On Friday, I explained why UBS was the only bank that offered to take a hit on its contracts with AIG during the government’s backdoor bailout of the ailing insurer. The reason? A looming US investigation of UBS that meant the Swiss banking behemoth was in no position to play hardball. In an interview this weekend, one of Switzerland’s justice ministers revealed the extent to which the fate of UBS—and the entire Swiss economy—is again in the hands of the American government.
As Mother Jones reported in November 2008, UBS helped wealthy Americans hide billions of dollars from the Internal Revenue Service (IRS) in violation of a 2001 agreement signed by the bank promising to identify and document customers with any US sources of income. The agreement was a major departure from historic Swiss banking secrecy laws—one which Swiss courts recently deemed to be illegal. The high court’s decision could also prevent UBS from fulfilling its plea deal with the US government, in which it promised to provide more names of US customers with illegal accounts. If UBS fails to live up to its side of the agreement, the bank could face the revocation of its license to operate in America. Now, Swiss Justice Minister Eveline Widmer-Schlumpf warns, “the Swiss economy and the job market would suffer on a major scale should UBS fail as a result of its license being revoked in the United States.”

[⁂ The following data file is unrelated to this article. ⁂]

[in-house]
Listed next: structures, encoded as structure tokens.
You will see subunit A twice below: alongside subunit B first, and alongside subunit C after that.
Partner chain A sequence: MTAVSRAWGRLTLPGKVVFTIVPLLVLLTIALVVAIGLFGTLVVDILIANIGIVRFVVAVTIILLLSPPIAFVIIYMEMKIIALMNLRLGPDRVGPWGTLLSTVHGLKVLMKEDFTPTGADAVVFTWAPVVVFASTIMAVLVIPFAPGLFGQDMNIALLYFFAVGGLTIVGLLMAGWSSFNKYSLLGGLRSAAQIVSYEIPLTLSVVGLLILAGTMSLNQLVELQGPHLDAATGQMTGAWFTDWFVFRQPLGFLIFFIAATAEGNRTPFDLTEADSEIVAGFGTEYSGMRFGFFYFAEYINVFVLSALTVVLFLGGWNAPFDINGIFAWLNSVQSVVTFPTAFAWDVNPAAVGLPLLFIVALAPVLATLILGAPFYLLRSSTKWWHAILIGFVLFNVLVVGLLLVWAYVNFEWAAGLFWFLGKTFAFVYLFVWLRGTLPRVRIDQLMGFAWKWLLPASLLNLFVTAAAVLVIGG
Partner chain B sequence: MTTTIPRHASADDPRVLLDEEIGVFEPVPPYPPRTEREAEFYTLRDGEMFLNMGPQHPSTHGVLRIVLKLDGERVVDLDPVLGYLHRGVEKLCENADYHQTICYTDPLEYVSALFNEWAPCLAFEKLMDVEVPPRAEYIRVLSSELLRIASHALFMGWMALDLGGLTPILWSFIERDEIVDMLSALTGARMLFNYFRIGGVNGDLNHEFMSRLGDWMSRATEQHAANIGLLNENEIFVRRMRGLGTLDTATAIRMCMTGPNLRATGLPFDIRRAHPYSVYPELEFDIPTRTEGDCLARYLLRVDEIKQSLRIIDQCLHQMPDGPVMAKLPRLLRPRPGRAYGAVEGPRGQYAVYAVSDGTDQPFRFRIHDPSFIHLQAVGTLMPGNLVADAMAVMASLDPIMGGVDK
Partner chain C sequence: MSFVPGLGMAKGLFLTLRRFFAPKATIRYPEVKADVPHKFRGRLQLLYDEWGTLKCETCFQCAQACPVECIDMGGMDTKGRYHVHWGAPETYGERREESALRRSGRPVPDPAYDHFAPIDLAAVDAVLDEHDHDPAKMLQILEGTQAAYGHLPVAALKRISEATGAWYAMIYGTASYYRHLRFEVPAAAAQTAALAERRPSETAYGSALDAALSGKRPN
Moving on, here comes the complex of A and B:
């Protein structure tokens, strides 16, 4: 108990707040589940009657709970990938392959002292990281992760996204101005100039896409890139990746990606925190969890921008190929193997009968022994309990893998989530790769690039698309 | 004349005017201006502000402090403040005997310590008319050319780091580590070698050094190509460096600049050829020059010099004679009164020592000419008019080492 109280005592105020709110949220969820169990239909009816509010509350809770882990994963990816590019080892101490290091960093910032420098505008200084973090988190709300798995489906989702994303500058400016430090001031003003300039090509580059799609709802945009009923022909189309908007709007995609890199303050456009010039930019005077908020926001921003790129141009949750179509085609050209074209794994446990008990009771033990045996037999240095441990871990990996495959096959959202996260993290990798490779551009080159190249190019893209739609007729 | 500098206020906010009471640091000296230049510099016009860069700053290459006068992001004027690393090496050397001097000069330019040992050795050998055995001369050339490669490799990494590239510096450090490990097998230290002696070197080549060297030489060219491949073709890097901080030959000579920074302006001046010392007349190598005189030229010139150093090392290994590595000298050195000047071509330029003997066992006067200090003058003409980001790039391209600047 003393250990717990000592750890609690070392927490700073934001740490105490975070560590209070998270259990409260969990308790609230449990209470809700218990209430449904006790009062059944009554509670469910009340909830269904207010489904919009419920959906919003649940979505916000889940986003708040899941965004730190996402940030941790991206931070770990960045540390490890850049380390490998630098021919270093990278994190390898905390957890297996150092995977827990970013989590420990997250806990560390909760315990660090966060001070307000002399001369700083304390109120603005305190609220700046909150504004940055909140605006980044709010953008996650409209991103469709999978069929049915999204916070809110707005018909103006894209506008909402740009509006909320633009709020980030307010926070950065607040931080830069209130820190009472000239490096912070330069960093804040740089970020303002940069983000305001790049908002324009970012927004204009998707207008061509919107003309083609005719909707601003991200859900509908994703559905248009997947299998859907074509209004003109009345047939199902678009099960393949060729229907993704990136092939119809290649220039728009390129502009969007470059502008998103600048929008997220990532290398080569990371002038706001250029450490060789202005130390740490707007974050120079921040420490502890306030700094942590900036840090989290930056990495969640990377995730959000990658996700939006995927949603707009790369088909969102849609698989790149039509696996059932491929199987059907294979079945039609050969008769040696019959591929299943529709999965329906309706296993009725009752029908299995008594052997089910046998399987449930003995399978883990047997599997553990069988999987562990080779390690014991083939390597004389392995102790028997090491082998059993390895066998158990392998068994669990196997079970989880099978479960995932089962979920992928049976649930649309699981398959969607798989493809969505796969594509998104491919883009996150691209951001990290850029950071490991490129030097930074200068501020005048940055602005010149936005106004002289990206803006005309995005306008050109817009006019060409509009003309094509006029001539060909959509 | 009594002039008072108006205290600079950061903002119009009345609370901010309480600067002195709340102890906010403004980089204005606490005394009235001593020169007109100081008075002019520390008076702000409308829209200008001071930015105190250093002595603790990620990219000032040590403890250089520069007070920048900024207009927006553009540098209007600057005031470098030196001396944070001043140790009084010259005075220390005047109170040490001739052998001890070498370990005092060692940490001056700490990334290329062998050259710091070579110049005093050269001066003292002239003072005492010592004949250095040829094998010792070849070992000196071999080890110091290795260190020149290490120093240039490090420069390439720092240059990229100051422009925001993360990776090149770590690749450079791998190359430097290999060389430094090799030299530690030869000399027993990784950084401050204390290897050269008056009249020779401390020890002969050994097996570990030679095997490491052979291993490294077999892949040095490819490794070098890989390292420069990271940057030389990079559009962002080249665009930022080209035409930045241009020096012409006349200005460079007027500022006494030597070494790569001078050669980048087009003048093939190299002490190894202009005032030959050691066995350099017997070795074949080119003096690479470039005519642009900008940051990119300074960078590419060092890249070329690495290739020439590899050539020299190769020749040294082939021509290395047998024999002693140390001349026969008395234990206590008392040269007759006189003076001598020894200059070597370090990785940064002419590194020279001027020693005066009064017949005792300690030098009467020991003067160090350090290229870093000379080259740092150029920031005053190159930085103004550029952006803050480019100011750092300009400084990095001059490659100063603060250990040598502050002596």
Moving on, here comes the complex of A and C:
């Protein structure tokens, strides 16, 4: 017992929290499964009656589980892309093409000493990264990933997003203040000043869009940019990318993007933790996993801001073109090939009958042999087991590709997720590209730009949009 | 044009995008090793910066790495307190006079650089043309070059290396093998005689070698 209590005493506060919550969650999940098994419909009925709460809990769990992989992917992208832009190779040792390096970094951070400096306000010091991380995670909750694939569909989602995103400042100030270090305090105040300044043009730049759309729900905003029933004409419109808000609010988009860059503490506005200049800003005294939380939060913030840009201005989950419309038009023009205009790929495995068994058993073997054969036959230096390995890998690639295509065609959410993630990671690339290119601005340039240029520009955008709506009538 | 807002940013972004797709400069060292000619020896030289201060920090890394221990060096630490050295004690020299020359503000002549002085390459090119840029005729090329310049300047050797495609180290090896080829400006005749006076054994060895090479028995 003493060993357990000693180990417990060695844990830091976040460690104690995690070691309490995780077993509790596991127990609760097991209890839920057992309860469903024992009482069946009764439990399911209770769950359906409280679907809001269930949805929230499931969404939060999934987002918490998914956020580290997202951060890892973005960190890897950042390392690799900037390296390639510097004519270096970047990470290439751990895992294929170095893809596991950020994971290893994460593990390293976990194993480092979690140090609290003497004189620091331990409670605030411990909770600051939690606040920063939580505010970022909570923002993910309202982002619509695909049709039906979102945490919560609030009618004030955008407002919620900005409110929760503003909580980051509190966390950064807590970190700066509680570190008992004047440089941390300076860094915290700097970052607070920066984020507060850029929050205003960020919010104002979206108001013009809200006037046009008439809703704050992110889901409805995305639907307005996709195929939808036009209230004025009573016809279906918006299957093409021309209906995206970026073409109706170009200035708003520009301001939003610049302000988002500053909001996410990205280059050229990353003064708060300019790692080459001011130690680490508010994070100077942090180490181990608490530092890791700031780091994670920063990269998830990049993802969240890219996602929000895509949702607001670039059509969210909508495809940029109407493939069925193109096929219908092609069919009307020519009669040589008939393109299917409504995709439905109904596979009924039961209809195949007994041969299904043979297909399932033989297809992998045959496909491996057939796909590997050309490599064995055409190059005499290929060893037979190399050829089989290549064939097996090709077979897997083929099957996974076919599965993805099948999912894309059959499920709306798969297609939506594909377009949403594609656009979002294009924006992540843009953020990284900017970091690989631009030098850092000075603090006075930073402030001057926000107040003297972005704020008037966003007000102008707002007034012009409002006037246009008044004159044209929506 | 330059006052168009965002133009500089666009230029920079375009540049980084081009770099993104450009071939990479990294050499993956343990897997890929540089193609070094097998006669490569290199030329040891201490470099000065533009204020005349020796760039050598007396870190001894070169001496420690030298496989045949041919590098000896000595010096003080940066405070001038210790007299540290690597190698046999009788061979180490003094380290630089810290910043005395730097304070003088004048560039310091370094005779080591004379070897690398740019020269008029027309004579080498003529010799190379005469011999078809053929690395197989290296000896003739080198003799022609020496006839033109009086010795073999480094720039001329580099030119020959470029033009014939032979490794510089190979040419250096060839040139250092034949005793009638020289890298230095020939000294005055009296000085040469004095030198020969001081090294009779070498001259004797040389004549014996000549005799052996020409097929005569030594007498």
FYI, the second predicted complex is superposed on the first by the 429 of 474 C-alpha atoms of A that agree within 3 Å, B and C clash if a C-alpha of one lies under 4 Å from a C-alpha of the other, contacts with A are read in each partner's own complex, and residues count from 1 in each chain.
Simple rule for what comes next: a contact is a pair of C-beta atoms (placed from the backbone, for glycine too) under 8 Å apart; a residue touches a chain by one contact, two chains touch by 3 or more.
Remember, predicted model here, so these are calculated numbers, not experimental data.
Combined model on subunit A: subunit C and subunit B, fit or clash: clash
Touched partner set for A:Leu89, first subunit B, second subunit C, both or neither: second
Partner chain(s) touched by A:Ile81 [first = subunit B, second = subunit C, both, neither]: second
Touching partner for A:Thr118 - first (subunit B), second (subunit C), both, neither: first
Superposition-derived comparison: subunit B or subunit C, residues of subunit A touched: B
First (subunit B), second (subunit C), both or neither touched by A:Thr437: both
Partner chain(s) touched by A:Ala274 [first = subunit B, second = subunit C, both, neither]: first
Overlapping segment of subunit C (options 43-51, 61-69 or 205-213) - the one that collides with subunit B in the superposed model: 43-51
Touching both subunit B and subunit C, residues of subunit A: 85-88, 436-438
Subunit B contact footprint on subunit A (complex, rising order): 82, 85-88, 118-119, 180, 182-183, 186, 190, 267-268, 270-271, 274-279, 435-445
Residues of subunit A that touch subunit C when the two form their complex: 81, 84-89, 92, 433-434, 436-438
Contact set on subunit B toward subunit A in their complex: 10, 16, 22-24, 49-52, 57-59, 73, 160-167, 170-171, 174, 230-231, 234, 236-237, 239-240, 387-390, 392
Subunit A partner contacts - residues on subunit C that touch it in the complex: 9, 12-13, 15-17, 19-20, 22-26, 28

If there ever was a bank that’s too big to fail, it’s UBS. It is the biggest bank in Switzerland and—before massive subprime mortgage write-downs and the attention of the IRS scared many of its wealthy customers away—it was the largest provider of high-net worth private banking services in the world. (In an ironic twist, Bank of America has since taken its wealth management crown.) UBS and its chief domestic competitor, Credit Suisse, are six times larger than Switzerland’s entire economy—an imbalance reminiscent of the failed banks that decimated the economy and currency of Iceland. Last year the $2 trillion balance sheet of UBS alone was roughly four times the size of the total Swiss output. As Investment International magazine observed at that time, “a UBS ‘blow up’ would be catastrophic to Switzerland’s financial stability.”
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